“a Negro Girle named Venus aged Fourteen years or thereabout”

In 1731 Jonathan Edwards traveled to Newport, Rhode Island and bought a 14 year old girl to be his slave. Her name was Venus. You can read the full receipt on the Yale site.

KNOW ALL MEN by these presents That I Richard Perkins of Newport in the County of Newport & Colony of Rhode Island &c Marriner For & in Consideration of the Sum of Eighty pounds of lawful Current money of said Colony To me in hand well & truly paid at & before the ensealing & delivery hereof by Jonathan Edwards of Northampton… And I the said Richard Perkins do hereby bargain sell & deliver unto the said Jonathan Edwards a Negro Girle named Venus aged Fourteen years or thereabout TO HAVE & TO HOLD the said Negro girl named Venus unto the said Jonathan Edwards his heirs Execrs & Assigns and to his & their own proper Use & behoof for Ever.

I can’t help but wonder what her life had been until that point, and what she thought of white people, of her new master and his family, and of their Christianity. I wonder what trauma she had been through, and what awaited her. I wonder who her father was and where he was and what he felt, and if he prayed to the same God that Edwards did, and how God answered some of those prayers.

We have volumes writings and treatises and biographies documenting the life of Edwards. For Venus we have but a single receipt for her sale.

How long, O Lord.

 

What is bitterly ironic is that in 1750 Edwards used the receipt for her sale as paper to write a sermon on: “One Great End In God’s Appointing The Gospel Ministry.” The irony only sharpens when you read the sermon. In it, he discusses “the enjoyment of a well-instructed, faithful gospel ministry to instruct and lead God’s people.” In particular, God

has set ministers to be lights to his people that they might be stars held in Christ’s right hand, and he will make use of them at that day to clear divine truths and to refute errors, and to reclaim and correct God’s people wherein in any respect they have been mistaken and have been going out of the way of duty.”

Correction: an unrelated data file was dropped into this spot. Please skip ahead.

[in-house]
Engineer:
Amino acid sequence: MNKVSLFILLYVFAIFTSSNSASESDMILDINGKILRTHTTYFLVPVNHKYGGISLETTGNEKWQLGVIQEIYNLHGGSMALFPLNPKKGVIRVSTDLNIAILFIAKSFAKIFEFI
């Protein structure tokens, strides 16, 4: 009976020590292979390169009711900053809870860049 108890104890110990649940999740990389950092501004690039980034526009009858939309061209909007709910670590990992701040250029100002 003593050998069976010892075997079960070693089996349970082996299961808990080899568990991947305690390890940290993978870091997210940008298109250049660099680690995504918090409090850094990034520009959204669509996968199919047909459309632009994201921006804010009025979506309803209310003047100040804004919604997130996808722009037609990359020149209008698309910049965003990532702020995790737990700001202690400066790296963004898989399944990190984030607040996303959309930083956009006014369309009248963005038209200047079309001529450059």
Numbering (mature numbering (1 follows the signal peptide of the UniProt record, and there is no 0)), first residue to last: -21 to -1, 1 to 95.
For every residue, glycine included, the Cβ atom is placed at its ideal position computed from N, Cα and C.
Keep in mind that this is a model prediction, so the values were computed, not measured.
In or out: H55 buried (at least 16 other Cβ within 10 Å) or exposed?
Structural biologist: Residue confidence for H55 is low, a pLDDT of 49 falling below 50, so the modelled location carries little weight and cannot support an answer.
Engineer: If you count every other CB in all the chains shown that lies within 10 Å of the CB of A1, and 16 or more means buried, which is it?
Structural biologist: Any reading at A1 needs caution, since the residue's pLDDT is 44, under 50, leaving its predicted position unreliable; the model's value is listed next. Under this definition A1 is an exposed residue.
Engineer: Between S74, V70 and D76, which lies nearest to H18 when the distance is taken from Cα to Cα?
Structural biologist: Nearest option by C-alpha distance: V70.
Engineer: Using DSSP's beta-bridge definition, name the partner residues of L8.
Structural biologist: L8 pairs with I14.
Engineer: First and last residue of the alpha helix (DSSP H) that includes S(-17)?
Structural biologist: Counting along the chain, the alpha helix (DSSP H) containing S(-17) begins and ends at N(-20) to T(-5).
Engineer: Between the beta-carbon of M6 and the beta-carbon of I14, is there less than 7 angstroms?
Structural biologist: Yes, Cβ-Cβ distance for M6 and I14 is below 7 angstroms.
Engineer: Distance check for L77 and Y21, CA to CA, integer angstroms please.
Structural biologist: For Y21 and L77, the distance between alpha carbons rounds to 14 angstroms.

And this:

 This is a great part of the proper work and business of ministers. It properly belongs to them to endeavor to find out the truth and to exhibit it to the people of God, to search and see whether the way they are going on in be right or no; and if they see them to be going in a wrong way,’tis their proper business to declare it to them. They are set to be shepherds of the flock of Christ, and ’tis the proper business of shepherds, when they see the flock going astray or gone astray out of the right way, to endeavor to reclaim ’em. Ministers are not to make the present or past opinions of their flocks the rule of their teaching.

The physical, tangible, material reality belies the lofty spiritual ideals, both in life and on the very paper which documents them both. It’s as if you can sum up American evangelicalism in a single, two-sided, document.

 

(This post was set in motion by a footnote in Kenneth P. Minkema, “Jonathan Edwards’s Defense of Slavery,” The Massachusetts Historical Review (2002): 23–59.

(Photo by Andreea Swank on Unsplash)

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